The emergence of agile methods was a response to the inability of heavy-weight, waterfall-like development methodologies to allow software organizations to respond to change. Popular agile methods, such as Scrum and XP, have been adopted by both small and large companies worldwide over the years, rendering agile a mainstream software development approach [11]. At their core, agile methods focus on incremental and iterative development. The nimbleness and flexibility allowed by different agile practices, such as short iterations, continuous integration, etc., enable software organizations to address change effectively [12, 13]. The effective adoption and use of agile methods in established companies have been manifested in a growing body of agile research [14,15,16].

When the context is switched to software startups, the picture is less clear-cut. Some studies suggest in a general manner that agile methods are viable and suitable for software startups (e.g., [17, 18]). For example, Duc and Abrahamsson [9] find that four out of five startups they studied have adopted agile development processes. However, these studies do not specify clearly which particular agile method or agile practices have been used in software startups.

Other studies suggest a different picture. Coleman and O’Connor [5] argue that startups are creative and flexible in nature and are reluctant to introduce process which may hinder their natural attributes. They have very limited resources and typically wish to use these resources to support product development. Giardino et al. [18] observe that, to quickly validate the product in the market, software startups tend to use agile methods, but in an ad-hoc manner. Yau and Murphy [8] go further and contend that, given that the communication and cooperation dynamics in startups are very different from more established companies and the fact that the initial focus of a startup might be significantly different from its final objective, even the agile approach seems to impose too much rigidity and process on them. Without denying that agile methods offer clear benefits to startups over some of the more traditional methods, the authors question whether they are appropriate in tackling the problems faced by startups. Doubts are cast on the usefulness of agile practices including test-driven development, pair programming, user stories, velocity and backlogs [8].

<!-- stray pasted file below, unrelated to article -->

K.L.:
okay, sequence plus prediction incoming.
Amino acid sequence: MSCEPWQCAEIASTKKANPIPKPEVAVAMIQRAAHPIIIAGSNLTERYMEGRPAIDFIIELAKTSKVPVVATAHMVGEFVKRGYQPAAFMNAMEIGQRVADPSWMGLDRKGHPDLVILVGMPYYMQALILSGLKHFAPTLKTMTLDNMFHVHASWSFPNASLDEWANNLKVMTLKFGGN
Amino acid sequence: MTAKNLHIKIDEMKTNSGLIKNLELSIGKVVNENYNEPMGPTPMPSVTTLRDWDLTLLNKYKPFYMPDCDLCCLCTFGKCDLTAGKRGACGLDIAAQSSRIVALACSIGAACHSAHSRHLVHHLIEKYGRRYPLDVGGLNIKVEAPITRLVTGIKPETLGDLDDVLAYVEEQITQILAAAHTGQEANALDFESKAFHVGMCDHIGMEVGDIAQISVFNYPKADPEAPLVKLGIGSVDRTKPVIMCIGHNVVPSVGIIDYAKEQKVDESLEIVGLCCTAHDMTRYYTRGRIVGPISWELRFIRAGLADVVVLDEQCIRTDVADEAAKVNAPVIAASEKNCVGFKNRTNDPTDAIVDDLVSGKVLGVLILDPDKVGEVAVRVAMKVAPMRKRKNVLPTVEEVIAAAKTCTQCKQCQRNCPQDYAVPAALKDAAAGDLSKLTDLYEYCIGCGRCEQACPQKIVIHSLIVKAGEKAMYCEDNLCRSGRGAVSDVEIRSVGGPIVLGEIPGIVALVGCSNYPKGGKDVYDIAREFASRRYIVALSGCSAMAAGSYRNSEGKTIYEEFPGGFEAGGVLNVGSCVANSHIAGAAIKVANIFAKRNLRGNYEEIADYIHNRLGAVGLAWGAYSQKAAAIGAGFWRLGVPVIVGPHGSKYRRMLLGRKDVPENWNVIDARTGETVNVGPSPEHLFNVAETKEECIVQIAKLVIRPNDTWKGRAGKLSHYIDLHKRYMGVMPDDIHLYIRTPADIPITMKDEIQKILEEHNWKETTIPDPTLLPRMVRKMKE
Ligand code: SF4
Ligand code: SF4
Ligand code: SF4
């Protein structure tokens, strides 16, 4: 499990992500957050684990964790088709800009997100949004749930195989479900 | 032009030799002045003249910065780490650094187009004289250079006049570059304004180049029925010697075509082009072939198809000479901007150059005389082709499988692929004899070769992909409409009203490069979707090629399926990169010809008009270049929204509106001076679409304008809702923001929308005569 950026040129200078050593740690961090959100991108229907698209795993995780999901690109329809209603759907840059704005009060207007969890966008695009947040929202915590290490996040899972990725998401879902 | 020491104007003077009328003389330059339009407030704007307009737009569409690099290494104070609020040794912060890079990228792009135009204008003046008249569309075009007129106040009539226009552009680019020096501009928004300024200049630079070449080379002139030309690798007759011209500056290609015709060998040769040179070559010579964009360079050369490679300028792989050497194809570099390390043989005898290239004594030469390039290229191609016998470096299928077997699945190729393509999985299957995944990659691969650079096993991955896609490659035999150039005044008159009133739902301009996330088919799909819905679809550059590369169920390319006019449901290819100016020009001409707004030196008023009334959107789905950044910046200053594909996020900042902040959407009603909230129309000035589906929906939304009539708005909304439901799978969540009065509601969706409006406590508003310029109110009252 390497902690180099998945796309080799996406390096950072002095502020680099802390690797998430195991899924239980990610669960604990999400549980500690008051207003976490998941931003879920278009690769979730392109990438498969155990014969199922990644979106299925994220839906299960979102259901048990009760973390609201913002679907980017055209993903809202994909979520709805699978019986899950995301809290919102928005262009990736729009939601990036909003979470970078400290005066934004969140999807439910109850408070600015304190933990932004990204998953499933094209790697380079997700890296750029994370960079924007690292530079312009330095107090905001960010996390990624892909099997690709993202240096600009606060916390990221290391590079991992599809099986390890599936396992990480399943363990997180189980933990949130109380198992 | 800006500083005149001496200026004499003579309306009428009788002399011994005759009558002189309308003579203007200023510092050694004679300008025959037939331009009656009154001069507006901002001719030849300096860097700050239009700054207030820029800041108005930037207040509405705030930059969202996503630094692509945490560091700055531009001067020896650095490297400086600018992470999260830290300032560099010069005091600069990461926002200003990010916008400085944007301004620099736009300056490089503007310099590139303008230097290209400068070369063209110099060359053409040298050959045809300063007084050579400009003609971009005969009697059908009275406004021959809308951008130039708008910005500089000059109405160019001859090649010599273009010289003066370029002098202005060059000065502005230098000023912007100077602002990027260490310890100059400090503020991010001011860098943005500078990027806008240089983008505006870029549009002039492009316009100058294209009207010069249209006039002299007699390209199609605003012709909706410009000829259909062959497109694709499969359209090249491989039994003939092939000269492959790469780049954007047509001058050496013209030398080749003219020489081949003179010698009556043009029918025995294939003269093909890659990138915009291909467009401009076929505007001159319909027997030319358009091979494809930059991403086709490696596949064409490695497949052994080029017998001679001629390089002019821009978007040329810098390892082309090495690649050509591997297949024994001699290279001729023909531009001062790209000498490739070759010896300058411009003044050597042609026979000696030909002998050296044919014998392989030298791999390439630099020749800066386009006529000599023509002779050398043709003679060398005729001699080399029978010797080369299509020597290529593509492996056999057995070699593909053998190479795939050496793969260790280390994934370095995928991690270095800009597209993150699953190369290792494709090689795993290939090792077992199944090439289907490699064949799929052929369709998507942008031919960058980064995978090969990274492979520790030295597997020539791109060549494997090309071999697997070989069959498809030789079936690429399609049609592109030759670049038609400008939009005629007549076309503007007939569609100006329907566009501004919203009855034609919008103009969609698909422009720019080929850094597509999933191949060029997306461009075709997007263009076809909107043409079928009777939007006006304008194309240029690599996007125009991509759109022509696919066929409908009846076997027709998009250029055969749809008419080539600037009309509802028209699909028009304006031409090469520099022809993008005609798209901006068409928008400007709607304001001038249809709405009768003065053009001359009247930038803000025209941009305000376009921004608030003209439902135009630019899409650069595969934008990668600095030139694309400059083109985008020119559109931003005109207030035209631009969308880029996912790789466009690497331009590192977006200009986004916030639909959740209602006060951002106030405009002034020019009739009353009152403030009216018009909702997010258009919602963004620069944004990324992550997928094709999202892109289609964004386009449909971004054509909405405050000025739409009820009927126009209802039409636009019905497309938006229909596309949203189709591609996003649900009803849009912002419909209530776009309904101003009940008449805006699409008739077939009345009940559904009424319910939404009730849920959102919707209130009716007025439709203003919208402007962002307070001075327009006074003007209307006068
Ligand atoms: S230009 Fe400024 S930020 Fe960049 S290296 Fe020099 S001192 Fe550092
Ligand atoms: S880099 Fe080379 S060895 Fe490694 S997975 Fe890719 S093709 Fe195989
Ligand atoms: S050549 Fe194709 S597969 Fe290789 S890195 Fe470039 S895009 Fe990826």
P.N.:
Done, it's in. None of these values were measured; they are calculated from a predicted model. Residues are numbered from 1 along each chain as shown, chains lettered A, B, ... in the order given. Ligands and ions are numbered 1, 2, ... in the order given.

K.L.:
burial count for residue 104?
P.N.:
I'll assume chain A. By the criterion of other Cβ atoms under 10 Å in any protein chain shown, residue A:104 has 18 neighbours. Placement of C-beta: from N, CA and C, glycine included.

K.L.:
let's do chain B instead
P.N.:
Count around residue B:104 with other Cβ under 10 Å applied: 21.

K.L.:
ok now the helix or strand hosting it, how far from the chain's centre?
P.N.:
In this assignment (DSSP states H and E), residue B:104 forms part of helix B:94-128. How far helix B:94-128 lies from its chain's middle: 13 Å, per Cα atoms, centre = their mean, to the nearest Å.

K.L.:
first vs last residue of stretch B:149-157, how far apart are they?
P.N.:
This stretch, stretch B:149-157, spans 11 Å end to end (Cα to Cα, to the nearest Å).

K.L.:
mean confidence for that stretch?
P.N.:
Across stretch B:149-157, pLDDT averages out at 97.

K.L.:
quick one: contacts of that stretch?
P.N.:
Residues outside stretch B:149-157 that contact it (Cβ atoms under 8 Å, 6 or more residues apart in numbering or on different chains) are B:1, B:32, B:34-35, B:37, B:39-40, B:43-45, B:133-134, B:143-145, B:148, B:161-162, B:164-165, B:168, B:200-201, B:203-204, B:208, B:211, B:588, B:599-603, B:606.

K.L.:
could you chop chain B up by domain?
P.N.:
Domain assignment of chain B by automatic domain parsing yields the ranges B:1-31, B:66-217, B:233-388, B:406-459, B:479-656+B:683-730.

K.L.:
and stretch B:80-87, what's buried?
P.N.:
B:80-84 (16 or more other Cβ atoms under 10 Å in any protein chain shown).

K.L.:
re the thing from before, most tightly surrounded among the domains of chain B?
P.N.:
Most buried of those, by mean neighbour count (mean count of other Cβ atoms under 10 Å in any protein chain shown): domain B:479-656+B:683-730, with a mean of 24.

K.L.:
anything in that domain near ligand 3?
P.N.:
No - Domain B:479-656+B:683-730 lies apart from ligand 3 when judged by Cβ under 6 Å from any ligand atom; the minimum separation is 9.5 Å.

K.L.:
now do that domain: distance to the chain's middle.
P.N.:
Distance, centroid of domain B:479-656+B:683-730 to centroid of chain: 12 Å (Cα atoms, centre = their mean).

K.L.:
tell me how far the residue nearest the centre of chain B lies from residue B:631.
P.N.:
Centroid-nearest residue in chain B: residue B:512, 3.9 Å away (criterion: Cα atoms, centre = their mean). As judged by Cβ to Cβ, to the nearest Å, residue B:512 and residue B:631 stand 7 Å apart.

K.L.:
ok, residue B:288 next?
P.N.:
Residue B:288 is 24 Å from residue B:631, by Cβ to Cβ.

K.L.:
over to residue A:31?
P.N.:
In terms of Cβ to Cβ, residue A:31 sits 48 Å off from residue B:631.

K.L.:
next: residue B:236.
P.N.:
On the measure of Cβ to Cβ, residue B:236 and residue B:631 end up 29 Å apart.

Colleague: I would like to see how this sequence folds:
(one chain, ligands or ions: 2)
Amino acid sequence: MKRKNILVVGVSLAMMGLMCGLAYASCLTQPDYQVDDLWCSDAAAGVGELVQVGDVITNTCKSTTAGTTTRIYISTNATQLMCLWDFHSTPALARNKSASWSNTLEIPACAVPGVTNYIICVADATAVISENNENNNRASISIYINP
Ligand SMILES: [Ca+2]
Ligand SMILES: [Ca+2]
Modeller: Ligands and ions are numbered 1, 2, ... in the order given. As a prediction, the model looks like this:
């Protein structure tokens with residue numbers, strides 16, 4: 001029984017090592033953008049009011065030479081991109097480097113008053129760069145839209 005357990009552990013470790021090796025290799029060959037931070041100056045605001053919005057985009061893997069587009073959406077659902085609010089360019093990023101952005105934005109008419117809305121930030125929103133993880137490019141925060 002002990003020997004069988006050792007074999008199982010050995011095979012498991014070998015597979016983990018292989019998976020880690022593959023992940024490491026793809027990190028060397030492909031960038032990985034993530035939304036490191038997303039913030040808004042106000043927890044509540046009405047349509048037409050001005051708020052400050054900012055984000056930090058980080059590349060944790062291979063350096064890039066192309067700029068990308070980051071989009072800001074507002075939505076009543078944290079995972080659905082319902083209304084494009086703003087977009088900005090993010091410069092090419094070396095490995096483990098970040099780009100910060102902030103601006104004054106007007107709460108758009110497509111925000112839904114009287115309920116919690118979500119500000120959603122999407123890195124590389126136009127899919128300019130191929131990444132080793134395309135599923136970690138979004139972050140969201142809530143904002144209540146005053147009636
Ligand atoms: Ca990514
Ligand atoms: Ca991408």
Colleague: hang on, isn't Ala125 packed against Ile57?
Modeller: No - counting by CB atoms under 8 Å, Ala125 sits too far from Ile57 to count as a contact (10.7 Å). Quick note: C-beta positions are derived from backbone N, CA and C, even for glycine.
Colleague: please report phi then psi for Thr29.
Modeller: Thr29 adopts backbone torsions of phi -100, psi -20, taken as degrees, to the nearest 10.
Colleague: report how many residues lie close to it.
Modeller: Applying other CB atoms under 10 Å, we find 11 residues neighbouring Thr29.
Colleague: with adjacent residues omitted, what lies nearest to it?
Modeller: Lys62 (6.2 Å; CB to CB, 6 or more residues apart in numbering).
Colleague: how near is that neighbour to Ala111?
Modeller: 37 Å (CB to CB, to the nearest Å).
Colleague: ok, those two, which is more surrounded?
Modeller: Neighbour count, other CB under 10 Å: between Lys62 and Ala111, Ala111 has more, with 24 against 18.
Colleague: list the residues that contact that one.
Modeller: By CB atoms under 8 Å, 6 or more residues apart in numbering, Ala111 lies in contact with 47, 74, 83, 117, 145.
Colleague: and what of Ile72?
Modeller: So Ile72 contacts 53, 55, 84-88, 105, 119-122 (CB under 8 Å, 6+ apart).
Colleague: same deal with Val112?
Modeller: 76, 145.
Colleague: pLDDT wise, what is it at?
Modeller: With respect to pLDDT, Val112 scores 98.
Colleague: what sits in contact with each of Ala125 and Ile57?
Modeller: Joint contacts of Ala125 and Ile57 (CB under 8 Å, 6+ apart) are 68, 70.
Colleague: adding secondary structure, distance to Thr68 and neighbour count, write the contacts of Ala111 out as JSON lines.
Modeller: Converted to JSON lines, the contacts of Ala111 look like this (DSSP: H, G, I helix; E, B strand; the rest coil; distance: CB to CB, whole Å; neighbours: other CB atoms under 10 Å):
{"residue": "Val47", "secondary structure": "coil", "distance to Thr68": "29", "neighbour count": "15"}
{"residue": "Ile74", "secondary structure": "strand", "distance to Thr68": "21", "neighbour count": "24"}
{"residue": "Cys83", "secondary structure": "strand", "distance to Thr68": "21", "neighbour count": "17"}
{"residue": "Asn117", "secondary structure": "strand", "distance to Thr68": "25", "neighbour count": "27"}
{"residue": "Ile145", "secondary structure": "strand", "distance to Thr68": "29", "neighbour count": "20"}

2.2 Lean Startup and Agile Practices

The Lean startup approach is considered a variant to agile methods in software engineering literature [18]. It advocates the identification of the most risky parts of a software business and the use of Minimum Viable Products (MVPs) to systematically test them and change the course of the development if needed. According to Ries [1], a MVP is “[the] version of a new product which allows a team to collect the maximum amount of validated learning about customers with the least effort.” MVPs should be the main focus of both business and product development activities in software startups [9]. The strategic change is termed pivot in Lean Startup.

Even though the Lean Startup approach is seen as a recent advancement in agile community, and regarded by some as a more “extreme” agile approach than extreme programming (XP) or Scrum [19], difference between the two has been argued. Agile methods seem to be able to prescribe on how to develop a working software faster, but are unable to provide the answer to what product should be developed in the first place [20]. Although agile methods advocate to build software iteratively, they only work when problems are known to the stakeholders. Instead, startups typically are looking for right problems to solve and need to figure out who are their customers [2]. Lean Startup advocates startups to build products iteratively and get early feedback to test riskiest assumptions about their business models. The combined use of agile and Lean Startup seems a sensible approach for software startups.

The research conducted by Duc and Abrahamsson [9] is focused on different types of MVPs that software startups utilize and what are their main purposes. They argue that the adoption of MVP might be influenced by many contextual factors, and one most relevant factor is the product development methodology. They further suggest that the continuous integration—one of the agile practices—might be the impetus for the popular adoption of evolutionary prototypes and single-feature MVP in four of the five cases they studied.